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Spotlight Recipe - Toast Ale



I’m sure I don’t need to mention it, but i’m going to say it anyway. I love beer. I love it even more when it’s pushing the boundaries and that is especially the case with our spotlight recipe.

Toast Ale are an amazing London based brewery that’s recently setup a base in New York. Now, whilst that’s pretty cool, one might say they weren’t really pushing the boundaries. If their story stopped there, I would have to agree with that but there’s a lot more to be said about Toast Ale. 

These guys are doing something interesting that I think us home brewers could totally embrace. They use left over bread which has been dried out and then added the mash the mash. They source the bread by going to bakeries and getting day old bread and then create some amazing beers.

Not only are they combating the reduction of waste food, but they’re also giving away 100% of the their profits to charity. WOW! This guys mean business.

Check out the base recipe for their pale ale. You can change it up however you like but we challenge you to head out to your bakery and source your own recycled bread and maybe even some other ingredients. 

Let us know how you get on. 

General Information

Beer Style

American Pale Ale







Final Volume

25 liters

Ingredient List


Pale Malt (2 Row) UK

3.5 kg

Dried Recycled Bread

1.5 kg

Oats, Flaked


Munich Malt






90 min



5 min



5 min



Flame out



Flame out


Bramling Cross

Flame out



Dry hop after 5 days


Bramling Cross

Dry hop after 5 days



US-05 Safale American




1 tsp


Step 1:

Grain bill: Pale Malt 3.5kg, dry bread 1.5Kg (equivalent to 2.5kg fresh bread), CaraMalt 150g, Munich Malt 150g, Oat Husks 500g Steep the grains in 15.7L of water at 67°C and mix. Cover and leave for 60 minutes.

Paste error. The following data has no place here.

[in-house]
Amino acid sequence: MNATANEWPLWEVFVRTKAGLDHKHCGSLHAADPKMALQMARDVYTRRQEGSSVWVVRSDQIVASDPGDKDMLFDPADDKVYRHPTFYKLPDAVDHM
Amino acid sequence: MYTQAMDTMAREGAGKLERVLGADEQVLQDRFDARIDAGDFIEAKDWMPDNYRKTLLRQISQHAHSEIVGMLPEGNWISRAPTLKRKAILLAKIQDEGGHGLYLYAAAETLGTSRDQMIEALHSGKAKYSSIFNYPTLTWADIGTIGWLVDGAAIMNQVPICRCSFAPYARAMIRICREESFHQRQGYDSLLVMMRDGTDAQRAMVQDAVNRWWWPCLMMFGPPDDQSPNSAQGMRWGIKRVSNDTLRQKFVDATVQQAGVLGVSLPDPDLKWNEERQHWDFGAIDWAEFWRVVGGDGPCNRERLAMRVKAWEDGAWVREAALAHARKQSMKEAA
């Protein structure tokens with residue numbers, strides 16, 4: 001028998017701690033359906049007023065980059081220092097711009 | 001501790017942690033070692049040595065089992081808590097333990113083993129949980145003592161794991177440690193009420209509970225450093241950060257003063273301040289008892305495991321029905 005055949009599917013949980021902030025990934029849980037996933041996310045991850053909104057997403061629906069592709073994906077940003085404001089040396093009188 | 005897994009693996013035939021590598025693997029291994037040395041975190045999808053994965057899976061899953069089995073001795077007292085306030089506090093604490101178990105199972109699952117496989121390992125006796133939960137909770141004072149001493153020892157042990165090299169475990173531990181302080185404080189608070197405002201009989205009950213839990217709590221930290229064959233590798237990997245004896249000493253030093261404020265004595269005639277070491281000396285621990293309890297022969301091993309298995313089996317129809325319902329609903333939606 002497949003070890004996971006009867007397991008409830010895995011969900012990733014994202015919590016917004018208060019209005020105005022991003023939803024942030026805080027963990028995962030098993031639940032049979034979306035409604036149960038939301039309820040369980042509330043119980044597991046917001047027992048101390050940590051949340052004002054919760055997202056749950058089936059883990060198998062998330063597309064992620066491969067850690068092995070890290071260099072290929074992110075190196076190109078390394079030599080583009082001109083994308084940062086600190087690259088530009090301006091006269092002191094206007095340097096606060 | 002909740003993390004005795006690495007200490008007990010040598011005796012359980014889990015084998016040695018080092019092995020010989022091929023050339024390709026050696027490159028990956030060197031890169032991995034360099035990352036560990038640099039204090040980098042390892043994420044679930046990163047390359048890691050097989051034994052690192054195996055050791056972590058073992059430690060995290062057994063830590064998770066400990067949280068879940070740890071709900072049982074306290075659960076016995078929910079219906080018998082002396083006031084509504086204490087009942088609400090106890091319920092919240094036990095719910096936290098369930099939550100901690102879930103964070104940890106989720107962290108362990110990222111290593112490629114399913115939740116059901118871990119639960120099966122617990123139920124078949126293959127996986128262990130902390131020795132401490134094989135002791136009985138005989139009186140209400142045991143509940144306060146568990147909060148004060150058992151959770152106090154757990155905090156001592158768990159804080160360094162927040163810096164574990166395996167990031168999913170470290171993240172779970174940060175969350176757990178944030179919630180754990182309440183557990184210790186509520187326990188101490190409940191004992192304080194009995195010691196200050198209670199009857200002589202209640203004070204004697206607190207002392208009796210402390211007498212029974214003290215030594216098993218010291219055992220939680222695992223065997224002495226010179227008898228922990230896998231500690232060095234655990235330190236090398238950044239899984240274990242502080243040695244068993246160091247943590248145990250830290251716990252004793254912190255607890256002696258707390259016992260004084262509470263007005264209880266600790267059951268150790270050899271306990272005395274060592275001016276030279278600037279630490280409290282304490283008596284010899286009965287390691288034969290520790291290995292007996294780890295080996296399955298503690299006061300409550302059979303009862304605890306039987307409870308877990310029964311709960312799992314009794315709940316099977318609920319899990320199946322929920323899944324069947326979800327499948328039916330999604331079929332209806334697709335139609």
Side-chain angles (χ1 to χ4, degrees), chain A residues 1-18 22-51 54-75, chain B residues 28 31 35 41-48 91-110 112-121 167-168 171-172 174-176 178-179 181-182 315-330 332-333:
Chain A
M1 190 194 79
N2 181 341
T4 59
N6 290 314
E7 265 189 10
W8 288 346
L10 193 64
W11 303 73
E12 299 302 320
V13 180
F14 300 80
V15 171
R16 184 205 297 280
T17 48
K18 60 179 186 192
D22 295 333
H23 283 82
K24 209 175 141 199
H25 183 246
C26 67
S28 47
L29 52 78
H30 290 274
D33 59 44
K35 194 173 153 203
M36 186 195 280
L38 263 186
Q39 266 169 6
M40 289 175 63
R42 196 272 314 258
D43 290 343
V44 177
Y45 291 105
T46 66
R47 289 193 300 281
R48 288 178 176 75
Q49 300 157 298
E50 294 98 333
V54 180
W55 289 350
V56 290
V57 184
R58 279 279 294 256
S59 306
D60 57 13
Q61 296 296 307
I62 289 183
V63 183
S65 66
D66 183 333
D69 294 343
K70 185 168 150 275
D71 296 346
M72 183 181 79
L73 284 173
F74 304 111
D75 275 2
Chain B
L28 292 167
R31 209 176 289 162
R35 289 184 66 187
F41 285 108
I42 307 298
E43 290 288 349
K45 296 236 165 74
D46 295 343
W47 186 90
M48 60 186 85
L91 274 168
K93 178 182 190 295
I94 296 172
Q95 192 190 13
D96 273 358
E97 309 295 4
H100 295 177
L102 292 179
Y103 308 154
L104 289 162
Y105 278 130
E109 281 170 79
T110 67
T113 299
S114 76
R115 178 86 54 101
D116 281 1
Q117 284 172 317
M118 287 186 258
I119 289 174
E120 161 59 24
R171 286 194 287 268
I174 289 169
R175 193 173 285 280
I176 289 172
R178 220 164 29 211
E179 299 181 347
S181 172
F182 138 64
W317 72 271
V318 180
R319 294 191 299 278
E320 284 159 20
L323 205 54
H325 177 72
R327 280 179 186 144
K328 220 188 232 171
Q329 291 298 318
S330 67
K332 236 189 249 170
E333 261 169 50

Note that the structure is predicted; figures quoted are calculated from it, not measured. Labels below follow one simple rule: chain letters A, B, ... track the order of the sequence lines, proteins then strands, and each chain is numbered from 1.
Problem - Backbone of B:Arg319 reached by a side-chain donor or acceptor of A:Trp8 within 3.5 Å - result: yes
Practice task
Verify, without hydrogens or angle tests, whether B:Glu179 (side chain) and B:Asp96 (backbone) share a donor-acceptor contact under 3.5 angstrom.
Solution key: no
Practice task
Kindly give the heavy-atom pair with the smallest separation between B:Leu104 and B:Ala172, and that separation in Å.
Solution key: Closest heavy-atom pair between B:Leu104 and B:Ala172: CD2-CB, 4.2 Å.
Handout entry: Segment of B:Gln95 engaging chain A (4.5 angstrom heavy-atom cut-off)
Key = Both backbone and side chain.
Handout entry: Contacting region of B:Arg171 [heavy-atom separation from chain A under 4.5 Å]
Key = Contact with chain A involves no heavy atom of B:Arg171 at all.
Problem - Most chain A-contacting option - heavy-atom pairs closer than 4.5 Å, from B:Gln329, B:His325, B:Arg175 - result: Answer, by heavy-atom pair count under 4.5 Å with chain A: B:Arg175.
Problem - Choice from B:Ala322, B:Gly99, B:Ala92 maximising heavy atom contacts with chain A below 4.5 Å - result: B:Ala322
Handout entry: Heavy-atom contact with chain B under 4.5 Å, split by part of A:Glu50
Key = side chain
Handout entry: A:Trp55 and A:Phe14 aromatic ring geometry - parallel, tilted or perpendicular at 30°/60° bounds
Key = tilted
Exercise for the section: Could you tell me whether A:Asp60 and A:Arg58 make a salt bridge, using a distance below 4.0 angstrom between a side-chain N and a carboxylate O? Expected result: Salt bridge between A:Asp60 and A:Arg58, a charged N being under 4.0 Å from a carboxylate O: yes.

Step 2:

Drain the liquid from the bottom of the mash tun (lauter) whilst rinsing the grains with 78°C water from the top to extract additional sugars (sparge) until you’ve reached 25L – you’ll use about 20L of water. Sparge using a watering can or colander so that the water is distributed in a spray rather than the continuous gush of a hose. The back of a spoon also works. While sparging, don’t be tempted to push the wort through the wet grains. Grains in the wort may create unwanted tanin tastes.

Step 3:

Bring the wort to a boil. Add 5g of German Hallertau Tradition hops immediately at 90 minutes. These are the ‘bittering’ hops that give Toast its lip-smacking bitter taste. At 15 minutes (i.e. 75 minutes of boiling), add 1 tsp Protofloc, also called Irish Moss, which makes a brighter tasting wort. At 5 minutes (i.e. after 85 minutes), add 12g Cascade hops and 10g Centennial hops. As you take the wort off the boil (i.e. after 90 minutes), add the final hops – 25g Cascade, 10g Centennial and 25g Bramling Cross. These are the aromatic hops that add a fruity, refreshing punch to Toast.

Step 4:

Cool the wort to 20°C. You can use an ice bucket, but don’t mix unboiled water with your wort, which has been sterilised by the boiling. Add a 11.5g sachet of Safale US-05 rehydrated yeast to the cooled wort. Let the yeast get to work fermenting. Try to keep your wort at around 18°C for 7 days. After five days, add another 60g Cascade hops and 35g Bramling Cross hops. Siphon the beer into sterile bottles, primed for carbonation. You should never pour the beer as this adds oxygen that will spoil the beer. Seal the bottles and leave in a cool, dark place (at around 12°C) for two weeks. This is a secondary fermentation stage that allows the beer to get some fizz and condition nicely.